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100 Scope Notes
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The Tebow Problem: The Hot and Cold Nature of the Biography Section

Biography section – why are you so vexing?

I think my frustration can be nicely summed up in one image:

I like to call it “The Tebow Problem”. Has there ever been a biography subject that has gone from must-purchase to weeding candidate more quickly? Unless someone did a bio on Michael Phelp’s Mom, I’d hazard to say no. If your situation is similar to mine, you were just getting a Tim Tebow book on the shelves as the demand was vanishing. And now it sits¹. My Tebow problem hints at a bigger biography section issue – I want to stock the section with research staples of course, but also want students to visit without being sent there by a teacher.

Ay, there’s the rub.

Kids are interested in reading about famous figures today, but many of the in-demand titles are about pop stars, actors, and actresses who quickly fall in and out of favor – much more quickly than your standard fiction or nonfiction title.

What I’m saying is, it’s difficult to invest in books about people when popularity heats up and cools off at the drop of a hat. So do I ignore the trends and focus on the past? That seems like a path to biography section cricketsville.

My current approach is this: selectively purchase current bios that are in high demand, keep an eye out for standout stuff on historical figures, and supplement it all with a subscription to an online encyclopedia. We’ve been happy with Worldbook, but there are others that do a fine job. This way information on historical figures and current stars is easy to find.

I don’t know if I’ll ever truly figure you out, bio section, but I’ll keep trying. Do you have a secret recipe for bio section happiness?

¹As for Tim Tebow books, I envision them suffering the same fate as the infamous E.T. game for the Atari.

There are millions of the suckers lying in a New Mexico landfill as we speak.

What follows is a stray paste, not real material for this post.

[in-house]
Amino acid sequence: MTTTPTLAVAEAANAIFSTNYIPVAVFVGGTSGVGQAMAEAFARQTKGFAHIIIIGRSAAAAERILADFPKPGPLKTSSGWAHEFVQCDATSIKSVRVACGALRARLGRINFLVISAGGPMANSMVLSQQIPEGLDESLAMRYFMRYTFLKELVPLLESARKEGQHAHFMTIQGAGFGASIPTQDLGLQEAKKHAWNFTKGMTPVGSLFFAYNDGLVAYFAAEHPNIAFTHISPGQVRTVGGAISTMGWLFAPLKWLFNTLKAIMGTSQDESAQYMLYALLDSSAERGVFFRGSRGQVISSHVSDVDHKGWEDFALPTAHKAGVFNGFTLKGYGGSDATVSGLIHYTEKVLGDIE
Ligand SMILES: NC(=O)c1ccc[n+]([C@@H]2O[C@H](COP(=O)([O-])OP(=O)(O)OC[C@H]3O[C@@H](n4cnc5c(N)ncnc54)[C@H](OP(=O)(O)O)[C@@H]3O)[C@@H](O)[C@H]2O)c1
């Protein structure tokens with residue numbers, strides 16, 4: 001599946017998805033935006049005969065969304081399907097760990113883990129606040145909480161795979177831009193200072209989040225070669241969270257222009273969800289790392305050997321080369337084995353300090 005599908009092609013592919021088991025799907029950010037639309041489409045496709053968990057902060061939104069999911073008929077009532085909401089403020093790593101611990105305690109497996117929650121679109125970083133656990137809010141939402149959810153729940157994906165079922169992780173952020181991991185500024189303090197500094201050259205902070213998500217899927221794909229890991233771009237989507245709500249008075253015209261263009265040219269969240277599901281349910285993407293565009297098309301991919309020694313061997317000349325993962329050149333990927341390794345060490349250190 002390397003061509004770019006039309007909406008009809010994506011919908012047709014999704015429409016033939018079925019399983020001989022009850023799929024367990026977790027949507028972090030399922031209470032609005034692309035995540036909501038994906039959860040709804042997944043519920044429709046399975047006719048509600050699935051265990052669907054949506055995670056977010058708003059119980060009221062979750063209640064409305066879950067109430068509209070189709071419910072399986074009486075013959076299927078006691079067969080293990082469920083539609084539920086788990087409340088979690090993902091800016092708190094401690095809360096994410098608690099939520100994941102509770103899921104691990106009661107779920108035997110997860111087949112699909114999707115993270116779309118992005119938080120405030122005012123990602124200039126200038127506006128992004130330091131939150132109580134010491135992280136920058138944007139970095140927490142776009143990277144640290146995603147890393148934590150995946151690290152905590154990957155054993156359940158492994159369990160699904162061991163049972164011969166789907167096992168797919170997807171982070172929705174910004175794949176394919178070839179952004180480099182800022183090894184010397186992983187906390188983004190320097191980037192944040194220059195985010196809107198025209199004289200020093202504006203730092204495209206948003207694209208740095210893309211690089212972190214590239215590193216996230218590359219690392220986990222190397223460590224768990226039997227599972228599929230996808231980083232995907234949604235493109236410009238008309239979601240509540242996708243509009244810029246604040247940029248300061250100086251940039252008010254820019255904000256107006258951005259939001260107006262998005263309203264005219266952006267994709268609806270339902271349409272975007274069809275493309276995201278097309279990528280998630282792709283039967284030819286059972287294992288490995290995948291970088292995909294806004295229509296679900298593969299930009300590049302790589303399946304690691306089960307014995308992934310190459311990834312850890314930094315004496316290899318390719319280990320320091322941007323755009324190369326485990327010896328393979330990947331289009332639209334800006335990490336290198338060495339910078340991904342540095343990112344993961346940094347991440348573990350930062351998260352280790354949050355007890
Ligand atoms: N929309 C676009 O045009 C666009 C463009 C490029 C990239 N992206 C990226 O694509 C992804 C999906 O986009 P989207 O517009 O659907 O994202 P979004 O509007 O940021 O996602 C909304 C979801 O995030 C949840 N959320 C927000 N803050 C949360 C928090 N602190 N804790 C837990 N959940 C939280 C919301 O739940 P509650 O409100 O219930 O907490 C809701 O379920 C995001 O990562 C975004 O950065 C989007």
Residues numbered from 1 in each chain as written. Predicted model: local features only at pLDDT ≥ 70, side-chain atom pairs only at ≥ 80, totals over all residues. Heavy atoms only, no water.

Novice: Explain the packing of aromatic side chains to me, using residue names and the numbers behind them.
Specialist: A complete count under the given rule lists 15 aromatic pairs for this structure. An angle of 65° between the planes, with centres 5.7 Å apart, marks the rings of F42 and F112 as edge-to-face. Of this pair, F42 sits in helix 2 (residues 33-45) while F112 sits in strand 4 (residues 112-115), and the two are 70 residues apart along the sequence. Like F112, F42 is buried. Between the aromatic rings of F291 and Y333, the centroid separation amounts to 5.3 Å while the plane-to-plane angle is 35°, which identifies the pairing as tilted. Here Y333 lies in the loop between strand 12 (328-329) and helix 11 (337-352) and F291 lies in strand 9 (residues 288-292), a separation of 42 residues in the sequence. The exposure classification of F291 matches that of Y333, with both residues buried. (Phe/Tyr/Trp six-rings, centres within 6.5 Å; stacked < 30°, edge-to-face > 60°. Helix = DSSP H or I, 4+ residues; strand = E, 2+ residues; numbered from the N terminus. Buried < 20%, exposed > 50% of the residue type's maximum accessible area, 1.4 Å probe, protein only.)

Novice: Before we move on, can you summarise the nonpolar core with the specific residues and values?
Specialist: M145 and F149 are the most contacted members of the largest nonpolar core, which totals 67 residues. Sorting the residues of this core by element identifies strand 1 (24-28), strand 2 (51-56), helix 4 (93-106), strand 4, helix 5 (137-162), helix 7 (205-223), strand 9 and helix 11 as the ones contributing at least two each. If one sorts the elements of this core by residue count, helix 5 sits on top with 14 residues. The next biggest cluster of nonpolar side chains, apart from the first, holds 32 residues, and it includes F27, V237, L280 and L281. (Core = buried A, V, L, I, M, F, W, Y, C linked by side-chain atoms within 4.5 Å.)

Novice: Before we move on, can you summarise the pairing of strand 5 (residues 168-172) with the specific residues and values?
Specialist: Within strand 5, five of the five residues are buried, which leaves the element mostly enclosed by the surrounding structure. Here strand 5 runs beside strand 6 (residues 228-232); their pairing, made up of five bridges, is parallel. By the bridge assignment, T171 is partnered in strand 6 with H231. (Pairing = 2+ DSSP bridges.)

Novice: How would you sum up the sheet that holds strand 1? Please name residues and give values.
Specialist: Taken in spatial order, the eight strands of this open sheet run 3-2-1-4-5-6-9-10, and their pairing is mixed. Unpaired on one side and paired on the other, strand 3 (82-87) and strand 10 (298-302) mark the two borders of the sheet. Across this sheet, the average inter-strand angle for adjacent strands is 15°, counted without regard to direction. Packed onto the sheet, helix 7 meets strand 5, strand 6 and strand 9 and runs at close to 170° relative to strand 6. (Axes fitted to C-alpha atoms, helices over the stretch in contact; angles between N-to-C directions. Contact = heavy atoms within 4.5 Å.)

(Image: E.T.: 2600 by nickstone333

About Travis Jonker

Travis Jonker is an elementary school librarian in Michigan. He writes reviews (and the occasional article or two) for School Library Journal and is a member of the 2014 Caldecott committee. You can email Travis at, or follow him on Twitter: @100scopenotes.


  1. Yes – I have a biography on Shakira sitting in my classroom Biography Section right now because of this. Someone begged and begged, I purchased it and… Tebow, however, is still being passed around right now with the fifth grade boys. We’ll see how long that continues.

    • Maybe you can get renewed interest in Shakira – she is currently a coach on the show, “The View.” I am constantly trying to find new life for some of my titles. Worth a try before putting them into the weeded/de-selected pile.

  2. I’ll have to pass this on for a good laugh to our librarian. I’m from Denver, so we’ve already been through the Tebow phase, and are long past it. What a phenomenon he was, & now the books sit, or have been already purged. Best to you in your quest for books that stay!

  3. I’m a brand new (in one of life’s shocking twists-former Spanish teacher) librarian, and I set the goal this year of reading all the biographies in our library. What I’ve found to really resonate with me are the inspiring picture book biographies- I read “Wilma Unlimited” today with 2nd graders and they were spellbound. We’ve talked about how reading biographies is a good strategy when you’re feeling discouraged. It’s a different focus than research-but kids are checking out lots of biographies! I really have no idea what I’m doing.

  4. I just had this discussion with myself the other day (again)! It was over a request for another One Direction book. I hate trying to figure out how long people will be popular. Luckily, at the public library, we can loan from other local libraries. Good idea about trying to ‘push’ the biographies that are falling out of favor.